You can begin by practicing just three simple exercises in right thinking: (1) Remember that any failure is only temporary in the gospel of Jesus Christ. The decision to carry on in spite of disappointment turns the worst circumstance into success. (2) There can be no self-pity—and that means no self-pity. Nothing dissipates our strength faster or more quickly drives away those who would truly wish to help us than self-pity. (3) Eliminate all “would haves,” “could haves,” “should haves,” and “ if onlys.” What has happened is past and finished. Leave it there. Profound power will come in living and making things right in the present.
Be Patient in Your Pursuit
I have not only lived long enough now to believe that God gives us weaknesses so they may become strengths, but I have also lived long enough to see that promise from the book of Ether fulfilled (see Ether 12:37). I have lived long enough to see some of my earlier limitations become my greatest blessings. I have also seen growth in areas in which I didn’t particularly want any strength—but growth which a loving Father in Heaven knew I surely must have needed.
To recognize areas of vulnerability and needed growth in our life is to recognize a chance for divine influence. I have loved this thought: If you are willing to serenely bear the trial of personal disappointment and weakness, then you will be for Jesus a pleasant place of shelter. (Quoted by M. Scott Peck, M.D., in Further Along the Road Less Traveled [New York: Simon and Schuster, 1988], cassette recording)
I think the Lord is looking for people who are truly contrite. Humility is very becoming to any of us, and humility comes from an honest and balanced recognition of both our limitations and our strengths. But I also think that the Lord will not be particularly comfortable dwelling with a person who (to the exclusion of all other joys and blessings in life) ponders continually his or her problems, who is obsessed and finally immobilized by them, who hasn’t learned to bear those limitations serenely. That isn’t humility, it is near-blasphemy. When you dwell on your limitations excessively, to the point that they affect your inner view and strength, you mock God in his very creation. You deny the divinity within you. You resist the gift of Christ on the cross. So be patient in your pursuit of perfection.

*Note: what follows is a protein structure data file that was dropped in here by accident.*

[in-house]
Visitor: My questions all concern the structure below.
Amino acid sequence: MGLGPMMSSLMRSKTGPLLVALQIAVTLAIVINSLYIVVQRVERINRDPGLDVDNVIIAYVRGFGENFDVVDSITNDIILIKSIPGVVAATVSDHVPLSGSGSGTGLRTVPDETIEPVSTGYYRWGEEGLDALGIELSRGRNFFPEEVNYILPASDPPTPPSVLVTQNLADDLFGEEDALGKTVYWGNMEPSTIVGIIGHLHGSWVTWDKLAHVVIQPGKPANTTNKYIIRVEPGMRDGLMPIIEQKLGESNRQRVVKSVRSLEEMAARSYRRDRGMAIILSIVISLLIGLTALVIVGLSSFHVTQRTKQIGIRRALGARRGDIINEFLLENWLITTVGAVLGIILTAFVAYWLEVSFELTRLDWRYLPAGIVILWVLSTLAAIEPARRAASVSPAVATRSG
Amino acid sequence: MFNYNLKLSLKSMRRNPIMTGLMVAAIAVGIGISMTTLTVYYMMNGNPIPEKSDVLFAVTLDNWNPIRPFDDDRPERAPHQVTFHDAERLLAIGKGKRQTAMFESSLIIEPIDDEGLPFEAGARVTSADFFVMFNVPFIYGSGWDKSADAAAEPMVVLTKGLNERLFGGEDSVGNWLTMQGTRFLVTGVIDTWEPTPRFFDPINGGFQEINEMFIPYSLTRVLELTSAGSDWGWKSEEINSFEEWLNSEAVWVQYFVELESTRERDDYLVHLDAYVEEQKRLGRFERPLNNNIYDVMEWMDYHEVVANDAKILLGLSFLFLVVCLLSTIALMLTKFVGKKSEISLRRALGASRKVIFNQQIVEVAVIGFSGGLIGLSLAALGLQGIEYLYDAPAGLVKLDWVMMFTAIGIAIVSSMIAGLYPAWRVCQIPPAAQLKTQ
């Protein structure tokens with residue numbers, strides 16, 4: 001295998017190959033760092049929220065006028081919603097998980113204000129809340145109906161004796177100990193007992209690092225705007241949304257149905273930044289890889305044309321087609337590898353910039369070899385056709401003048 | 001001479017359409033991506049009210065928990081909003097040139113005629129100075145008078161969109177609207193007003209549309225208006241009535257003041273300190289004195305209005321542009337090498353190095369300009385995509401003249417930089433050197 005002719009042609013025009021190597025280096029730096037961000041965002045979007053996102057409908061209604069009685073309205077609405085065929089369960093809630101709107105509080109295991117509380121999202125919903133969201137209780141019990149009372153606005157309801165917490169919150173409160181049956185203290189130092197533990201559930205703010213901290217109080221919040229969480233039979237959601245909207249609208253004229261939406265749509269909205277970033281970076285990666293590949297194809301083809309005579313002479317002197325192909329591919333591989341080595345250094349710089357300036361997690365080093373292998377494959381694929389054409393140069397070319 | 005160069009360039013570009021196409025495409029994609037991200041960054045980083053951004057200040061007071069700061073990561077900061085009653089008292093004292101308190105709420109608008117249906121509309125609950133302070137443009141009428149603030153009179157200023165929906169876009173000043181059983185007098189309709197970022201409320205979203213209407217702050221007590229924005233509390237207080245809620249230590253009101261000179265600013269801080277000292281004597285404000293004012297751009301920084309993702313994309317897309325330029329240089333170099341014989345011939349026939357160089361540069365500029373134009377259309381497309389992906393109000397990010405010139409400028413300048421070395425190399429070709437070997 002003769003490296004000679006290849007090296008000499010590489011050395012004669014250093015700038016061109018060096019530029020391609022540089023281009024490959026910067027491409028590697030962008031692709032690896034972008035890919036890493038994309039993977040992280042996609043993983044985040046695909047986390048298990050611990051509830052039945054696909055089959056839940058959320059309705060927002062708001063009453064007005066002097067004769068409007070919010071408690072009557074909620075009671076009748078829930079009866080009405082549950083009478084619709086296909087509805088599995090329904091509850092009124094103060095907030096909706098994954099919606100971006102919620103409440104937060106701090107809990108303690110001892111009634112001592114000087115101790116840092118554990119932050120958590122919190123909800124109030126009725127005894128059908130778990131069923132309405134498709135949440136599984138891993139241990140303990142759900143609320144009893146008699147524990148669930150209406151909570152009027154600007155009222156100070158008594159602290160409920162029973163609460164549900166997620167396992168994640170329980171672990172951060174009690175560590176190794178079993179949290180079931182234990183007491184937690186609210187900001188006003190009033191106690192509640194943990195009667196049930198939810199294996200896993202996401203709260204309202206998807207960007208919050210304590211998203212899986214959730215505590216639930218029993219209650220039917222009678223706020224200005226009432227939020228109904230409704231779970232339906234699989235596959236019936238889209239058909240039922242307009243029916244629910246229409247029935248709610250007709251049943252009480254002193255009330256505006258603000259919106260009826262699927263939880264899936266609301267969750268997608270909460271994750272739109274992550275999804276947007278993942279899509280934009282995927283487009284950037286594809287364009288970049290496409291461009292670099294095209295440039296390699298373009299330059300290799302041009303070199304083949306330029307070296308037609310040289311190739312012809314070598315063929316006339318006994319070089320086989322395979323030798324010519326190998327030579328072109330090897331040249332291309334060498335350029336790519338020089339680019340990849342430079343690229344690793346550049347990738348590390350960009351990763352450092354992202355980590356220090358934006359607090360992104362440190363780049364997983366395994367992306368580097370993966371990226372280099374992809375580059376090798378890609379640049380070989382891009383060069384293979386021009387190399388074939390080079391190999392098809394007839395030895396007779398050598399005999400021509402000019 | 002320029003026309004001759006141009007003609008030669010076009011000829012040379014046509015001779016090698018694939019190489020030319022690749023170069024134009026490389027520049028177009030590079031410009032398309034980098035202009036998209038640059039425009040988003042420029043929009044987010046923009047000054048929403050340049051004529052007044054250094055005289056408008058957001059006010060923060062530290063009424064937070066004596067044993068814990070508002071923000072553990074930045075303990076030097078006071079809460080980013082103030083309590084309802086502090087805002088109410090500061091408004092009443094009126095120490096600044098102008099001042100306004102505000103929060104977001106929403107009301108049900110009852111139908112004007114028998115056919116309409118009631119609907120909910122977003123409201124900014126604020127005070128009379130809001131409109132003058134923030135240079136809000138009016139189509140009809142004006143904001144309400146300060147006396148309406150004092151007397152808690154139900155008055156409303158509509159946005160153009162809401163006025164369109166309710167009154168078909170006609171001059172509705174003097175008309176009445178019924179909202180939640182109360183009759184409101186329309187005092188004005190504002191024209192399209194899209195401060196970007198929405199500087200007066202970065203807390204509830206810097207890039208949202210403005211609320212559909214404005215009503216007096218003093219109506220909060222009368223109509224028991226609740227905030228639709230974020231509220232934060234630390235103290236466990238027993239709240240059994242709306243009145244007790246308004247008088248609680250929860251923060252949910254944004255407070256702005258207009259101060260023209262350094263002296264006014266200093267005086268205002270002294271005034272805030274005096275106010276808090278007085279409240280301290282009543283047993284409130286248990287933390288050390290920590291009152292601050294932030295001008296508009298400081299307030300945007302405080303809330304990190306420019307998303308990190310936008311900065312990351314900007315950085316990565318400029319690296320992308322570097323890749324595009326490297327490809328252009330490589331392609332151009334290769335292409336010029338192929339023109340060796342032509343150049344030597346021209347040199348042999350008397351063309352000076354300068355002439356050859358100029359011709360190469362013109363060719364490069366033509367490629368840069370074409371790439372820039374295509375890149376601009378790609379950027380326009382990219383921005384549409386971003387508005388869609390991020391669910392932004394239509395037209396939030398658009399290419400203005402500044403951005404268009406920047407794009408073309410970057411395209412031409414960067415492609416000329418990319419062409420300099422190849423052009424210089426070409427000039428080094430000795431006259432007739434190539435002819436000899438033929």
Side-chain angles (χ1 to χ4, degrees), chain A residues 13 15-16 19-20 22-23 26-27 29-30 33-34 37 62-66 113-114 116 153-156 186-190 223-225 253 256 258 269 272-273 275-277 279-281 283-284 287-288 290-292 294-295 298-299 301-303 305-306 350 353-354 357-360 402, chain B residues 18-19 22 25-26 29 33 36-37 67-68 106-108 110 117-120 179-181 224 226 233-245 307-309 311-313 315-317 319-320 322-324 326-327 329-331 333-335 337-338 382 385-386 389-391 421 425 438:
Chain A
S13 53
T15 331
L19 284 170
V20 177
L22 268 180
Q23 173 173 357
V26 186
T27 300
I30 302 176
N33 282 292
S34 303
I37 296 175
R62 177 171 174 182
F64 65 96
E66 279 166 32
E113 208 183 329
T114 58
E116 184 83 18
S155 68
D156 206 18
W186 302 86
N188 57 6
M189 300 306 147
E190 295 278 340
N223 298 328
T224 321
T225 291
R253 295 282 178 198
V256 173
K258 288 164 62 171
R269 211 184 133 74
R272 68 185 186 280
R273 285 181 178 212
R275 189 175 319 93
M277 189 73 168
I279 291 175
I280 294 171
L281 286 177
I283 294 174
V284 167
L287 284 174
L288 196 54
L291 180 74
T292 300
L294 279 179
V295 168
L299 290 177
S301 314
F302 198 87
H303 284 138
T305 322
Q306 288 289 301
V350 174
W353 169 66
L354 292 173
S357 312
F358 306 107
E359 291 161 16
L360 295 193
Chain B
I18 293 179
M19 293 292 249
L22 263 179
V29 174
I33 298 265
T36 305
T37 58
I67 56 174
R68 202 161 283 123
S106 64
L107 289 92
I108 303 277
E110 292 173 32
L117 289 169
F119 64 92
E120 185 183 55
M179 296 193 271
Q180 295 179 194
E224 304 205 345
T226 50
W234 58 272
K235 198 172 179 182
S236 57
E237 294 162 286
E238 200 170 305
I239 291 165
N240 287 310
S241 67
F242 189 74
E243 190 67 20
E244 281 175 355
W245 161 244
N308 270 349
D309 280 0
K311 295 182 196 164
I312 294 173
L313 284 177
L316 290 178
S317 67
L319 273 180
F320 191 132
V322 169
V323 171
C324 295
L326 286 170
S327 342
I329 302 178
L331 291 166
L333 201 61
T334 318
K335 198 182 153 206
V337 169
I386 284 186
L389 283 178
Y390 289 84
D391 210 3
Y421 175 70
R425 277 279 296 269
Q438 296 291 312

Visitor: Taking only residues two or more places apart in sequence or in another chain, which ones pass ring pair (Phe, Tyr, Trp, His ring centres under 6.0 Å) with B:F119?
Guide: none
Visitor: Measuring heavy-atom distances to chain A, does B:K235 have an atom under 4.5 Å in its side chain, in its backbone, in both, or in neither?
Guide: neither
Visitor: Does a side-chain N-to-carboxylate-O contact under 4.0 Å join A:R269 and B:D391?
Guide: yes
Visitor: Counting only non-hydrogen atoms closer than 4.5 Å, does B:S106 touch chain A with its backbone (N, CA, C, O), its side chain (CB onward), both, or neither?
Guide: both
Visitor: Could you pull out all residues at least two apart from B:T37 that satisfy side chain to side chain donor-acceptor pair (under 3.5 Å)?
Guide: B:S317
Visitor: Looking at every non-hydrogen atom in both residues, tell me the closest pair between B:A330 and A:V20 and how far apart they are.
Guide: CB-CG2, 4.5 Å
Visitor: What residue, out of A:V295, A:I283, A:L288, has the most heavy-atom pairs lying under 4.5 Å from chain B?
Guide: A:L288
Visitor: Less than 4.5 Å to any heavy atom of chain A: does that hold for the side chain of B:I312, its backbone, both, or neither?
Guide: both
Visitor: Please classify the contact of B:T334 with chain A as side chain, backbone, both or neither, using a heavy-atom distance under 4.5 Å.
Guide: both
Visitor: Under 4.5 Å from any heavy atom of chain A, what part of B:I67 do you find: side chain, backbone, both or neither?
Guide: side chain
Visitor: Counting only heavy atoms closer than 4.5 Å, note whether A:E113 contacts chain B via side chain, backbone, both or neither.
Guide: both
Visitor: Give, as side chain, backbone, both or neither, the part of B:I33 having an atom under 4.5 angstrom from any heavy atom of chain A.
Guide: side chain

Conversation with Ourselves
May I close with one very practical approach to a new beginning. Brother James T. Duke of our faculty recently wrote a provocative and inspiring article for the Ensign. In it he said,
I often discussed with my sociology students the work of George Herbert Mead, a great analyst of human behavior. George Mead was especially interested in the human mind and in the way it operates. . . . According to Mead, thinking is essentially a conversation we hold with ourselves. “We can hear ourselves talking, and the import of what we say is the same to ourselves [as] it is to others.” (Mind, Self, and Society, Chicago: University of Chicago Press, 1934, p.62.[James T. Duke, “Drawn Out in Prayer Continually,” Ensign, February 1987, p. 25]
That is a profound idea! We all talk to ourselves, don’t we? Then why don’t we improve the quality of the conversation? I am constantly saying, “I wonder if my alarm will go off? Will Duffy get the teachers he wants this year in school? Yes, I know I should start exercising. I do hope the Lord will forgive me for eating mocha-flavored ice cream.”
If that kind of thinking is simply a conversation with ourselves—and it is—why not turn it just a bit more into a conversation with God? To do so, in essence, is to fulfill the scriptural injunction to pray continually. As Brother Duke says, “My thoughts become more meaningful and more holy when I direct them toward [my] Father [in Heaven]” (Duke, “Drawn Out in Prayer,” p. 25).
When I follow that practice, my self-talk becomes more lofty, more encouraging, and it loses the ingredients of fear and doubt. I find myself shifting my thinking this way:
“Father in Heaven, please let me awaken on time to a full, pleasant day. Bless Duffy, as well as Matt and Mary, that they will have a superb academic experience this year. Grant me the discipline to improve my health with a good physical fitness program. And please forgive my mocha-flavored ice cream, unless of course thou canst see fit to approve of it.”
Paul wrote to Ephesians, “Be renewed in the spirit of your mind. . . . Let no corrupt communication proceed out of your mouth, but that which is good to the use of edifying, that it may minister grace unto the hearers” (Ephesians 4:23, 29). Edify and minister grace unto your hearers—especially when every waking hour of the day that hearer is you.
The result of that kind of personal conversation can bring, for virtually all of us, near-perfect inner peace and a much more positive view of those outward battles we face. Best of all, we will no longer fight on two fronts; we will focus our strength on the kinds of battles God very much prefers that we fight.
As Paul sad in another setting, “Therefore if any man be in Christ, he is a new creature: old things are passed away; behold, all things are become new” (2 Corinthians 5:17). Welcome to a new year and what can be literally a new life in Christ, where all things become new and old things pass away. I bear my testimony of this and leave my love, in the name of Jesus Christ. Amen.
© Brigham Young University. All rights reserved.
Patricia T. Holland, wife of Jeffrey R. Holland, gave this devotional address at Brigham Young University on 6 September 1988.